differentiation of elements.
Although adult raters appeared to be consis-
tent in their lullaby/playsong classifications,
further research is needed to establish whether
these types of singing are in fact used in differ-
90 Trainor
ent caretaking contexts, whether they are effec-
tive in changing infants’ states, and whether
acoustic analyses can reveal reliable differences
between them. Further research is also needed
to examine whether lullabies and playsongs are
structurally distinct, or whether they simply
represent different styles of performance. For
example, it would be interesting to observe
what type of song a caregiver chose to sing
when instructed to either play with their infant
or try to put their infant to sleep, in cases where
this was either consistent or inconsistent with
the infant’s state. These recordings could be
compared to recordings where mothers were
instructed to sing the same song in the opposite
caretaking context, that is, to compare lullaby-
style and playsong-style versions of the same
song sung by the same mother. Recent evi-
dence suggests that the types of modifications
made in infant-directed speech change with the
age and competencies of the infant (Papodek,
1993). Similar changes may occur in infant-
directed singing. The needs and competencies
of young infants (e.g., they sleep a lot and are
less interested in exploring the world) in com-
parison to older infants (who are more actively
responsive) may lead to more soothing singing
to young infants and more rousing, rhythmic
singing to older infants.
The mothers in this study adopted a more
loving tone of voice when singing to their
infants in comparison to singing in the absence
of their infants. The infant-directed versions of
both playsongs and lullabies were rated as more
loving than the noninfant-directed versions
83% of the time. Furthermore, these values
ranged between 70% and 100% for 14 of the 15
sample pairs. The significant correlation
between infant looking preference and adult
loving ratings suggests that infants responded
to the loving tone of voice. Furthermore, the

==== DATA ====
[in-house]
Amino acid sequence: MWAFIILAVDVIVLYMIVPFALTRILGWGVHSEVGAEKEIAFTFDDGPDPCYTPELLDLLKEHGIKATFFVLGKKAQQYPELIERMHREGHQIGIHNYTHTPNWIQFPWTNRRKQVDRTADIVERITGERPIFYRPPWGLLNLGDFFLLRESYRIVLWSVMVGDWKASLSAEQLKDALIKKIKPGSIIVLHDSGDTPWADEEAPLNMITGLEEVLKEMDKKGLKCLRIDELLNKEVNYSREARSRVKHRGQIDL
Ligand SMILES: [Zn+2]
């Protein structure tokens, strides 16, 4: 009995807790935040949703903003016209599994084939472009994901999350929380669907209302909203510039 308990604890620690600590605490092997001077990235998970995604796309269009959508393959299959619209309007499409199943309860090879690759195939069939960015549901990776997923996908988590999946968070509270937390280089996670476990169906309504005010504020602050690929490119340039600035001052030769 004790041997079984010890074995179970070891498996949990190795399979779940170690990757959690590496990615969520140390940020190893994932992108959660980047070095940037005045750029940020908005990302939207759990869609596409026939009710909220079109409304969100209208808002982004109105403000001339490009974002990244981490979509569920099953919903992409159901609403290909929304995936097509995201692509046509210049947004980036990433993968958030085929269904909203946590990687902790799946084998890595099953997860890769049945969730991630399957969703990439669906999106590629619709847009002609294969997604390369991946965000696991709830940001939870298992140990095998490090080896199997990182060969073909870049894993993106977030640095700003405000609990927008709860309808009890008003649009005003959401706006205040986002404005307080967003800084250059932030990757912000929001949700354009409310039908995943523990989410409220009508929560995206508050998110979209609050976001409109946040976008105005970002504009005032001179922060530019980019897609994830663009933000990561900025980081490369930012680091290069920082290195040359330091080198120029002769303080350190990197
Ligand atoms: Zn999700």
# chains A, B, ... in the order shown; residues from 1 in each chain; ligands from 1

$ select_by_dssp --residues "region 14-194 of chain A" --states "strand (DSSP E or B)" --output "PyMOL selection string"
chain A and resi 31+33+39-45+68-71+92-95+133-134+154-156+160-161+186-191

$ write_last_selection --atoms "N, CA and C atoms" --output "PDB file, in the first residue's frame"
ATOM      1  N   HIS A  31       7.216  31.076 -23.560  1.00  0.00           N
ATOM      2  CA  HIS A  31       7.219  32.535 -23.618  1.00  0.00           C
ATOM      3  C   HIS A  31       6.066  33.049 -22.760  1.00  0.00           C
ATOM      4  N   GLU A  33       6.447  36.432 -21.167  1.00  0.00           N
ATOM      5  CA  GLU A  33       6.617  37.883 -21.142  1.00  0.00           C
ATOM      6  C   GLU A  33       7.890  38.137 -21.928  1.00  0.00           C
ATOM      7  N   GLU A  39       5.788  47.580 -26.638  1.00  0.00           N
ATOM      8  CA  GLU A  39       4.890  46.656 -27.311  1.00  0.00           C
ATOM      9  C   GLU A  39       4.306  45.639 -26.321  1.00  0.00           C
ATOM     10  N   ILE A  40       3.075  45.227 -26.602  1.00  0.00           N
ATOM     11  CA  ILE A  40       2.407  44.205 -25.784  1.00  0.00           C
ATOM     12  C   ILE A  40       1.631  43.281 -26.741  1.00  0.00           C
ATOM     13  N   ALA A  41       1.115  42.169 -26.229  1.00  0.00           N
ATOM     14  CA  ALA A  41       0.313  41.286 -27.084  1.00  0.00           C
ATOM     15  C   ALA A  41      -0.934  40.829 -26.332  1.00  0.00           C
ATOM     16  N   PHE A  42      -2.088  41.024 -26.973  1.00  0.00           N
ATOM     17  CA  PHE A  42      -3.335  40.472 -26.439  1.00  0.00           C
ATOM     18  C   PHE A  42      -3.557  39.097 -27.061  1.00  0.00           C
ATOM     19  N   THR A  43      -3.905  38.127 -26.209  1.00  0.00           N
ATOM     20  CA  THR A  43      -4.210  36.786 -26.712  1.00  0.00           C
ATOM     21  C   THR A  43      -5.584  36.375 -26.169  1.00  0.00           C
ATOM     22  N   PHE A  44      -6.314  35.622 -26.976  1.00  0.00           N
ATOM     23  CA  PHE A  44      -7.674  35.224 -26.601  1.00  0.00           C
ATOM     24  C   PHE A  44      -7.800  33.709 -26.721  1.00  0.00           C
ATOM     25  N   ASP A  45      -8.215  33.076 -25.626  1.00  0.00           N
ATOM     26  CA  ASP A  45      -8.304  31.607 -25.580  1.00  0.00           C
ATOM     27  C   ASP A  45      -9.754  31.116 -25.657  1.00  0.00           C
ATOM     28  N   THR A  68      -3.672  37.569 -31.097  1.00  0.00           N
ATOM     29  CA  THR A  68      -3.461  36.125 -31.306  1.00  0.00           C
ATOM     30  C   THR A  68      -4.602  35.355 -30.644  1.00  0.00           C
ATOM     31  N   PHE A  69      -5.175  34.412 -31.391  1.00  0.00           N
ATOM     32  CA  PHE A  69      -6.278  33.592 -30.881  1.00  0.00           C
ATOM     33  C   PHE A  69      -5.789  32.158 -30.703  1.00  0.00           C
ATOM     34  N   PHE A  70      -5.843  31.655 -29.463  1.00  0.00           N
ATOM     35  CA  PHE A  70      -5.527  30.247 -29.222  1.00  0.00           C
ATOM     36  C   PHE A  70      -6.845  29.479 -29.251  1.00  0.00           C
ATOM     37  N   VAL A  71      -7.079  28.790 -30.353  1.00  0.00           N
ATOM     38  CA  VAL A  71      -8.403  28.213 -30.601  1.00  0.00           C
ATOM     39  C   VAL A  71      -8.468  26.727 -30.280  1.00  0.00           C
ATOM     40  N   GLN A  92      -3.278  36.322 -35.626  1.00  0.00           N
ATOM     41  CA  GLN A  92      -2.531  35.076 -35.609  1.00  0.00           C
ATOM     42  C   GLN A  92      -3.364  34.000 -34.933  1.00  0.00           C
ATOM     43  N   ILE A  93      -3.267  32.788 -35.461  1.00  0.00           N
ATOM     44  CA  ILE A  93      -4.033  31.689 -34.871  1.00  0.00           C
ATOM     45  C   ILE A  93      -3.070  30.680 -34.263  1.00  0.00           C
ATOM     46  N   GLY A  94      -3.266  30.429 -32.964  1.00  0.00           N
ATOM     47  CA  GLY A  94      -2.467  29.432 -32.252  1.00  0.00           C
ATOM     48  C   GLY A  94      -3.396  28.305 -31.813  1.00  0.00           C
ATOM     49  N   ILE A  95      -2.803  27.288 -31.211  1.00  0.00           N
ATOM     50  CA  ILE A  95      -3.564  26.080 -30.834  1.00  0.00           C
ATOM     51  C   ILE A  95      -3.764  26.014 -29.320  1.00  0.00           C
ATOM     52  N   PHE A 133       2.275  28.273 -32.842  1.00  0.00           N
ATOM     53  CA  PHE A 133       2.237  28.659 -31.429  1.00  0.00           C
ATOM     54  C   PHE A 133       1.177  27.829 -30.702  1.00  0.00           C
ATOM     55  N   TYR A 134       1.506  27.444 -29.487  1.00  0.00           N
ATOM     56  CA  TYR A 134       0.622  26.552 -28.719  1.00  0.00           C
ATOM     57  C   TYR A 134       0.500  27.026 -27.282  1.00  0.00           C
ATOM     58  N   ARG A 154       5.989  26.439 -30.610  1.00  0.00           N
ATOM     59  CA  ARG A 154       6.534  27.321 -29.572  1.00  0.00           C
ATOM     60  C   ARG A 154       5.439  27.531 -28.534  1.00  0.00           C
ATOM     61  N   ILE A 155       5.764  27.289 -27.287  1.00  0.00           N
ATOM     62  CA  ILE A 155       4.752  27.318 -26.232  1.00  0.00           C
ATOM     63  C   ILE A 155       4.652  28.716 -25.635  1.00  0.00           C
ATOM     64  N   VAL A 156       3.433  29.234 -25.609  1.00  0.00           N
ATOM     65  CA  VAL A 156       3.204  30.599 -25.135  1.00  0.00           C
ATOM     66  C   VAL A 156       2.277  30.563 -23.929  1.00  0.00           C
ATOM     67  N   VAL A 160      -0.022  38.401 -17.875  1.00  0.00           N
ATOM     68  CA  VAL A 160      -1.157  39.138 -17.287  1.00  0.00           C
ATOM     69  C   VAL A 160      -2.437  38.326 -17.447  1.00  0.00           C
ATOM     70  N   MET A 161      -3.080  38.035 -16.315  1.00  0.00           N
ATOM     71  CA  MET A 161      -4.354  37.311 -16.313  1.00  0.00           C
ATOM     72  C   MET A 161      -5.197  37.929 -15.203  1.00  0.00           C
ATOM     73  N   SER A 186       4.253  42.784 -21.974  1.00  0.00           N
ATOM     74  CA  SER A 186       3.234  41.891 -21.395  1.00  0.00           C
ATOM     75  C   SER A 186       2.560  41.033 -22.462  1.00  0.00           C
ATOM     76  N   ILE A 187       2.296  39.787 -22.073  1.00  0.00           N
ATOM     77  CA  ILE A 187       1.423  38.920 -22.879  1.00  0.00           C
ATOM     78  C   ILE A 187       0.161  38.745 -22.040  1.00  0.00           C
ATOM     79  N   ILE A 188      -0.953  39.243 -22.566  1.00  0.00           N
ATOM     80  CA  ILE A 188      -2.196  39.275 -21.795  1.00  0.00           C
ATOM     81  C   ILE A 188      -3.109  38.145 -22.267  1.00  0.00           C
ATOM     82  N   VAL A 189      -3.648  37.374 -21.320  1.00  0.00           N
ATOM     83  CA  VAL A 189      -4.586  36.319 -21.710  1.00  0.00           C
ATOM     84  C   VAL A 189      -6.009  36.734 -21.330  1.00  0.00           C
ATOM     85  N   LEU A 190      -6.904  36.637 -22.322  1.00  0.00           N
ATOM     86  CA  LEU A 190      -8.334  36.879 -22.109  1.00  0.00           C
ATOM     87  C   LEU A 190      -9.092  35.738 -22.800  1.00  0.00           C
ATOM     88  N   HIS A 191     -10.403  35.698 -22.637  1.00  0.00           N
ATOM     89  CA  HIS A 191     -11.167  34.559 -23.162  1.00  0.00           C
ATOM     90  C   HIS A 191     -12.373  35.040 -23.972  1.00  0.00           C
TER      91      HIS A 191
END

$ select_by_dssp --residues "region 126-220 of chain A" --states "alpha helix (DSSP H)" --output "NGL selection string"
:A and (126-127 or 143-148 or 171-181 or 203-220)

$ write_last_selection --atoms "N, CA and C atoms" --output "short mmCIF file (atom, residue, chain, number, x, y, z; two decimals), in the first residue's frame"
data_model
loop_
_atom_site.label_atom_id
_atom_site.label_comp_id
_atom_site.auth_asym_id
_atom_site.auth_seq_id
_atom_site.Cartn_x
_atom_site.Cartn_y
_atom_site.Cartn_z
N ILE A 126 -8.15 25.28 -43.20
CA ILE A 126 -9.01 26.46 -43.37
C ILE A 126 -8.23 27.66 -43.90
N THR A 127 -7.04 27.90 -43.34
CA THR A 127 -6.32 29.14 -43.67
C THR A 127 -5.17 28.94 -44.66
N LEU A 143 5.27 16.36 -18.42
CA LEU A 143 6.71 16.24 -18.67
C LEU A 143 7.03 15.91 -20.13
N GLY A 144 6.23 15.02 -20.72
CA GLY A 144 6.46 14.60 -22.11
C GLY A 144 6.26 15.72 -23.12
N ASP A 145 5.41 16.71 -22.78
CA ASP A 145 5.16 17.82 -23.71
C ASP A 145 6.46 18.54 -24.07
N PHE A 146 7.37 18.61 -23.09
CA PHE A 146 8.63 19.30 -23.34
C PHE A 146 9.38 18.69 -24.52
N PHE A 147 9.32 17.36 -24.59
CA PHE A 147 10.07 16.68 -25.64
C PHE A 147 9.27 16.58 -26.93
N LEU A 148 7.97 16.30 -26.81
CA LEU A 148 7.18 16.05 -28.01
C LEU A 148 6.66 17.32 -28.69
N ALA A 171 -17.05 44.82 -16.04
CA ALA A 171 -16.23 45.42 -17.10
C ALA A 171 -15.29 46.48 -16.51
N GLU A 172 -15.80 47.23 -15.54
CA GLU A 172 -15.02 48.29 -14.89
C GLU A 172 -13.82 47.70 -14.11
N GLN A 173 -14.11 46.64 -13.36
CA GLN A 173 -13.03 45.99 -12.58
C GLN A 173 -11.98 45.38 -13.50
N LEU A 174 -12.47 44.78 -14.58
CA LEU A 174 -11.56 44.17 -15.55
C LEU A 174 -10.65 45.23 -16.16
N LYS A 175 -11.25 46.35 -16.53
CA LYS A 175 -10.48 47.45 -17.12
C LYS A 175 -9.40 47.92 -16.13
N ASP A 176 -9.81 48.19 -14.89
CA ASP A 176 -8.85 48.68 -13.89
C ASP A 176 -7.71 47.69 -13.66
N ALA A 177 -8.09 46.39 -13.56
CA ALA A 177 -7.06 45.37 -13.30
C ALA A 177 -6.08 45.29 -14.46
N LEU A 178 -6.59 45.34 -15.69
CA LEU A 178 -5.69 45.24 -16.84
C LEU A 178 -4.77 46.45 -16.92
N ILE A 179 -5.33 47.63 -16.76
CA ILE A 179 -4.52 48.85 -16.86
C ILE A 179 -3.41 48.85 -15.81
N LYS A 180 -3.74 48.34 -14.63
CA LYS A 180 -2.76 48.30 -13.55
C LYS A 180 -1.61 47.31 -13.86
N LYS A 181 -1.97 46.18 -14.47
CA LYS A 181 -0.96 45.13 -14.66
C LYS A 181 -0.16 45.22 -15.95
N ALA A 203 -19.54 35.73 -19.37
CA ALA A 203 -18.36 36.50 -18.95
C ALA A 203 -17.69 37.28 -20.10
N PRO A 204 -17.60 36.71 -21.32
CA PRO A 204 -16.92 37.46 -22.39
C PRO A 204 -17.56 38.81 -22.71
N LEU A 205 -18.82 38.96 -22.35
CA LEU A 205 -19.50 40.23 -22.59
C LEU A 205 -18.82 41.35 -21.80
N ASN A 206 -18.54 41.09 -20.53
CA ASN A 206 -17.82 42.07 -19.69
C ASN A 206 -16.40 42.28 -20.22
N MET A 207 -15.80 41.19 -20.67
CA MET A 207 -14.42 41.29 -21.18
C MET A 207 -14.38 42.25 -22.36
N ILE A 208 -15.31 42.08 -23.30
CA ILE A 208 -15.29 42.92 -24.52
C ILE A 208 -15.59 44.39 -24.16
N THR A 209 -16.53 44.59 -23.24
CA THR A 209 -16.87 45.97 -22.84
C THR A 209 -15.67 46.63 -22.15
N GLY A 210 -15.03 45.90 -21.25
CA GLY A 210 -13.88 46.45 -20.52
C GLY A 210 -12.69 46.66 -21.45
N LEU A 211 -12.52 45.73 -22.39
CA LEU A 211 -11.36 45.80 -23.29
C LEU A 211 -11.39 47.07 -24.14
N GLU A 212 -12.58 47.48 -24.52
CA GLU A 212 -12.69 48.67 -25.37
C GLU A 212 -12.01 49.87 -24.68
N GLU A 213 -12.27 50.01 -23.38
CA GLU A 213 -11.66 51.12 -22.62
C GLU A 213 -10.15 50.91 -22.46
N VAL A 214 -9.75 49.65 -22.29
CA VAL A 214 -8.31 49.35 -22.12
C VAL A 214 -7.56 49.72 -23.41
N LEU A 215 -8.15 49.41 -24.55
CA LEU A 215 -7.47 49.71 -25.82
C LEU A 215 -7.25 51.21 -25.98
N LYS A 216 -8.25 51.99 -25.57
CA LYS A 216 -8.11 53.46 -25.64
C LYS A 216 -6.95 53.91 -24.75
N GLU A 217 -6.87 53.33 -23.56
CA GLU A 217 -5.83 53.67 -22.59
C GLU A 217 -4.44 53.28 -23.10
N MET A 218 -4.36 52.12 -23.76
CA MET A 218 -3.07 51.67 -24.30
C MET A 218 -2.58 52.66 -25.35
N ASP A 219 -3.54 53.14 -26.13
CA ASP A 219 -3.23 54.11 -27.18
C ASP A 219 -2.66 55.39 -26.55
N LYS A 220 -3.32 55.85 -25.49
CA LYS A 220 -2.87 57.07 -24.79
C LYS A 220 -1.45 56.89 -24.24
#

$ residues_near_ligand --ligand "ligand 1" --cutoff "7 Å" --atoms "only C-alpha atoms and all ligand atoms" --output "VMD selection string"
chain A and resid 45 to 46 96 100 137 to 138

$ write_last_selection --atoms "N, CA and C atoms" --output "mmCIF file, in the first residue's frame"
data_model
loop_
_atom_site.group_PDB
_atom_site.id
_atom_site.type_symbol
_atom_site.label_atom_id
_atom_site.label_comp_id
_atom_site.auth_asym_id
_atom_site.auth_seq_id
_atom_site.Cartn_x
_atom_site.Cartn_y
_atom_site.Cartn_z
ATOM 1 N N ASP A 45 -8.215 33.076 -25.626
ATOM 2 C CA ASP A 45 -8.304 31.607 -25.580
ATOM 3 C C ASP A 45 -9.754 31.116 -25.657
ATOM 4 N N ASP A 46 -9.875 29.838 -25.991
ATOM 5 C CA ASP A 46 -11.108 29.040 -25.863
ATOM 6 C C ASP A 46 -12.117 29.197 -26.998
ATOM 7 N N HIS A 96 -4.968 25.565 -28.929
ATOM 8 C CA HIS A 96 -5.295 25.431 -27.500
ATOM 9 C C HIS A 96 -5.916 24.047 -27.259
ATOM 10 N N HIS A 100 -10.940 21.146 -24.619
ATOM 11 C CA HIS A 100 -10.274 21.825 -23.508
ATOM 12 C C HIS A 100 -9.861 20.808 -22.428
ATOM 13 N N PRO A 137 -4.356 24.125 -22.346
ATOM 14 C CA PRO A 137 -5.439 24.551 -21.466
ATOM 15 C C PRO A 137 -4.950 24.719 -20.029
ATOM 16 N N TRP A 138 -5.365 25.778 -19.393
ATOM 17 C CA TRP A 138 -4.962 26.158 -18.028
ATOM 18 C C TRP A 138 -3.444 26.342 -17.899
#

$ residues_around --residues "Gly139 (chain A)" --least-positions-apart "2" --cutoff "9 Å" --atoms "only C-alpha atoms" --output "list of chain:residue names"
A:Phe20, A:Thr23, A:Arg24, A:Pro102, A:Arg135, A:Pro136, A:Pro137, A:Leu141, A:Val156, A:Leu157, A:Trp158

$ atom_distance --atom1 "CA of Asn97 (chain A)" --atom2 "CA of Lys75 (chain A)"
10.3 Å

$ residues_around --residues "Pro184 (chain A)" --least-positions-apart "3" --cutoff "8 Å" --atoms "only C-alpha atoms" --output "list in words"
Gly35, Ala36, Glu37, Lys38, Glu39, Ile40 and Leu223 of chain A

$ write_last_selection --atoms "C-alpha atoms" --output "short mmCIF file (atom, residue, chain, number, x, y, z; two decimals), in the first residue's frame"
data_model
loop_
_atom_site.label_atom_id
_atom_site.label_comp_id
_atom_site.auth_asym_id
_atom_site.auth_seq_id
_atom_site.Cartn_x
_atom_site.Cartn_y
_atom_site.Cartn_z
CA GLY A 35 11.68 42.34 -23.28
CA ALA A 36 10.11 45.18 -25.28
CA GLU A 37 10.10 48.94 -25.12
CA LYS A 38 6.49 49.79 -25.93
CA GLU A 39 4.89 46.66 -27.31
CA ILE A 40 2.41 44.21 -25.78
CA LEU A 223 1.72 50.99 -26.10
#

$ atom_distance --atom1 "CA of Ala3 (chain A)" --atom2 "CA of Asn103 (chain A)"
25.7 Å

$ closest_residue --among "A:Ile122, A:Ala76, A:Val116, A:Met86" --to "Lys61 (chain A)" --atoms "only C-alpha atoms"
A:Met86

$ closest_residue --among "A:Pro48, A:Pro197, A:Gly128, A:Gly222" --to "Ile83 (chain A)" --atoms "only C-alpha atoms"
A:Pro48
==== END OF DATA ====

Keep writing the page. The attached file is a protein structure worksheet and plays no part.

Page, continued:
adult loving rating for the 1 pair in which
infants preferred the noninfant-directed version
was only 50%.
These results suggest that the positive emo-
tion conveyed by the mother’s tone of voice is
highly salient to infants. Acoustic analyses are
underway to examine the physical basis of this
effect. In particular, there is reason to believe
that the formant structure of the vowels may be
altered in the infant-directed versions. It is
quite reasonable to expect that mothers smile
when singing to their infants. Tartter (1980)
and Ohala (1980) found that smiling alters the
shape of the vocal tract, resulting in higher fun-
damental and formant frequencies in speech. In
singing, the fourth formant appears to be a par-
ticularly important determinant of voice quality
(Sundberg, 1987). In addition, perturbations of
the fundamental frequency (jitter and shimmer)
likely increase with emotional intensity (Kappas
et al., 1991; Scherer, 1986).
It can be concluded that mothers alter their
singing in the presence of their infant, and that
infants prefer to listen to infant-directed over
noninfant-directed singing. Further research is
needed to confirm the functions of these modi-
fications. However, the evidence suggests that
infant-directed singing attracts infants’ atten-
tion, and that mothers use the emotional quali-
ties of singing to regulate their infant’s state,
arousing their infant in some circumstances and
soothing their infant in others. In both cases,
mothers appear to convey positive emotions,
singing with a loving tone of voice. The rela-
tions between infant-directed speech and
infant-directed singing remain unclear. How-
ever, it is likely that both serve some common
functions, such as using rhythmic devises to
highlight phrase structure and important words
and tones. These in turn may aid the infant in
learning to parse the complex auditory streams
that are speech and music.
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29 June 1994; Revised 28 April 1995 n
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    Paired excerpts of lullabies and comparison songs from different areas of the world were presented to Western adult listeners, who were required to identify the lullaby in each pair. In Experiment 1, when presented with original field recordings, adults successfully differentiated the lullabies from the other songs. In Experiment 2, this effect was replicated with a more diverse sample of listeners. In addition, feedback about correct performance failed to improve the accuracy of lullaby identification. In Experiment 3, adults successfully identified the lullabies even when all songs were electronically filtered to remove the words. In Experiment 4, adults were unsuccessful in lullaby identification when the melodies were synthesized to remove residual cues associated with voice quality. However, performance on the synthesized materials was correlated with performance on the original materials. Parallels between infant-directed music and infant-directed speech are noted.